Oil prices slumped on Friday afternoon amid swirling rumours of impending interest rate hikes and President Biden releasing stored supplies.
WTI Crude plummeted 1.89 per cent to $80.03 a barrel, while Brent Crude futures dropped 1.69 per cent to $81.49, wiping out gains from the past week.
Both benchmark crude contracts were poised to end the week lower after sharp swings driven by a strengthening dollar.
This follows reports the Federal Reserve could push forward interest rate increases to combat inflation.
There is also continued speculation Biden administration might release oil from the U.S. Strategic Petroleum Reserve to cool prices.
Callum Macpherson, head of commodities at Investec, told City A.M. that rising US government bonds were also influencing benchmark behaviour.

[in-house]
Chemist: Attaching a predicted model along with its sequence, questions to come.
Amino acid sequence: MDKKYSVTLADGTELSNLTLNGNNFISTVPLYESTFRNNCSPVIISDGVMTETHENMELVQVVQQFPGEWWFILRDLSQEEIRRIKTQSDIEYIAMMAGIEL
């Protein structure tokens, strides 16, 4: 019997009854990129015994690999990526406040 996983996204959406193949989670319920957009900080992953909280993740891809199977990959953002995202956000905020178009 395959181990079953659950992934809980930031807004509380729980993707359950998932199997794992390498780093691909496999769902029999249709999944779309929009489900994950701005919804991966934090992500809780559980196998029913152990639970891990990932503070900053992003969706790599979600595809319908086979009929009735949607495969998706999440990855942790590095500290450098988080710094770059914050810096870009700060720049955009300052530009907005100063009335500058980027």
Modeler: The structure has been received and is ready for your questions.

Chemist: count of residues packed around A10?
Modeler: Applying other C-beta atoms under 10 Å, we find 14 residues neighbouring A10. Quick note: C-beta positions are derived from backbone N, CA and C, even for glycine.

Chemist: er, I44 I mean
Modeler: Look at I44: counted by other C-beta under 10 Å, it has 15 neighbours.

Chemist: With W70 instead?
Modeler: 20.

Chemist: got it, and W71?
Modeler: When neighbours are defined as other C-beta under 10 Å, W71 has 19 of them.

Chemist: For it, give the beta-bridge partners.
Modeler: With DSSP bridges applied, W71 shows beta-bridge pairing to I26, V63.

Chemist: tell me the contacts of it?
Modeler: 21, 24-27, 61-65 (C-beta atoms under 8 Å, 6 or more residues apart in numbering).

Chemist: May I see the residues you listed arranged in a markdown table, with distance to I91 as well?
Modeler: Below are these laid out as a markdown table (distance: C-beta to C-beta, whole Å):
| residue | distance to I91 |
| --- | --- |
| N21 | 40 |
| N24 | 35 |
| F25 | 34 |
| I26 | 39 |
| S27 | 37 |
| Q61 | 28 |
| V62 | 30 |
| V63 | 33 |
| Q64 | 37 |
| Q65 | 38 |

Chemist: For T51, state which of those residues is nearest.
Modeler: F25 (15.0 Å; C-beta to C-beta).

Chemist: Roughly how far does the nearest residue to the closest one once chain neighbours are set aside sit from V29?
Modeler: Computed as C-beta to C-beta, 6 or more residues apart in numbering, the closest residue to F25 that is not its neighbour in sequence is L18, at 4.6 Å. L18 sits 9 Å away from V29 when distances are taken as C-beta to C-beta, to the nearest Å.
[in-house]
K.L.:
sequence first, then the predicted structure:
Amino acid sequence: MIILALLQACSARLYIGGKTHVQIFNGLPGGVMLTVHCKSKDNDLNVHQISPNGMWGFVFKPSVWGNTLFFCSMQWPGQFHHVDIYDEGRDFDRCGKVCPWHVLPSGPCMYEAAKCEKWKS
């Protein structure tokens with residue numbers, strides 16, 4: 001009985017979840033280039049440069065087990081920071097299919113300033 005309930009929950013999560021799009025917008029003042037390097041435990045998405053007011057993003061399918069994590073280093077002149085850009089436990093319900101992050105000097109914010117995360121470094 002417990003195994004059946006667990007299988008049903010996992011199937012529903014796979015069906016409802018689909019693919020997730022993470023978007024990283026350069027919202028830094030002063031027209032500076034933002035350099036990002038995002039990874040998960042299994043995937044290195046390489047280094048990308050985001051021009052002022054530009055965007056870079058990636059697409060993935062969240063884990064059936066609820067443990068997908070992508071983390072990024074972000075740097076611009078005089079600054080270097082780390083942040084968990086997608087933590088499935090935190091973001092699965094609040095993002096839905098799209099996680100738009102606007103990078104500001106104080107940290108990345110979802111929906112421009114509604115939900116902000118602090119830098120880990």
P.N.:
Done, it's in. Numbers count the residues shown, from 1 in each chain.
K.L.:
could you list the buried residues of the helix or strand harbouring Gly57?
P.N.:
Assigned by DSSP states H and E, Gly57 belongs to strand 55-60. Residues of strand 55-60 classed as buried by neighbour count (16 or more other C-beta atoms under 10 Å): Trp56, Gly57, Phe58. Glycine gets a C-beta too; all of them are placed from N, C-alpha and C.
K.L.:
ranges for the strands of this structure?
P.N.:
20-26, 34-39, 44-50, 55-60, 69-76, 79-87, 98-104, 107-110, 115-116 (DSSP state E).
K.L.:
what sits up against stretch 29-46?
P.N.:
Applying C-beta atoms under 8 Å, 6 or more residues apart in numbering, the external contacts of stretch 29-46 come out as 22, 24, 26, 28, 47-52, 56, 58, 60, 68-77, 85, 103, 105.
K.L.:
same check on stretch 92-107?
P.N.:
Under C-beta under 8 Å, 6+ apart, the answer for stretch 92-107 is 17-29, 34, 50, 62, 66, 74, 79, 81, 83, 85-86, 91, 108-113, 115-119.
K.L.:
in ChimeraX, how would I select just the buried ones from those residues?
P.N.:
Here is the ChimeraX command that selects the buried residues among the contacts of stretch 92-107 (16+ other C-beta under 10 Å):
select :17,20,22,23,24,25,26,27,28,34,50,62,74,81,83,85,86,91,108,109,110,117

He said: “The drop in oil prices is being largely attributed to the possibility of the US releasing strategic reserves. However, it’s worth noting that the move down has been in tandem with recent falls in equities and rises in US government bonds, so more general risk aversion might also be playing its part.”
He also anticipated prices will recover.
Macpherson added: “The market is very tight at the moment. As a result, if Biden does not do something soon to actually release reserves, then (all other things being equal) the market is likely to strengthen again.”
There are encouraging demand factors such as the return of air travel, but tighter monetary and fiscal policy and a fast-approaching northern hemisphere winter will act as a dampener.
Meanwhile, OPEC cut its world oil demand forecast for the fourth quarter by 330,000 barrels per day from last month’s forecast.
OPEC+ recently committed to 400,000 barrels per month through 2022.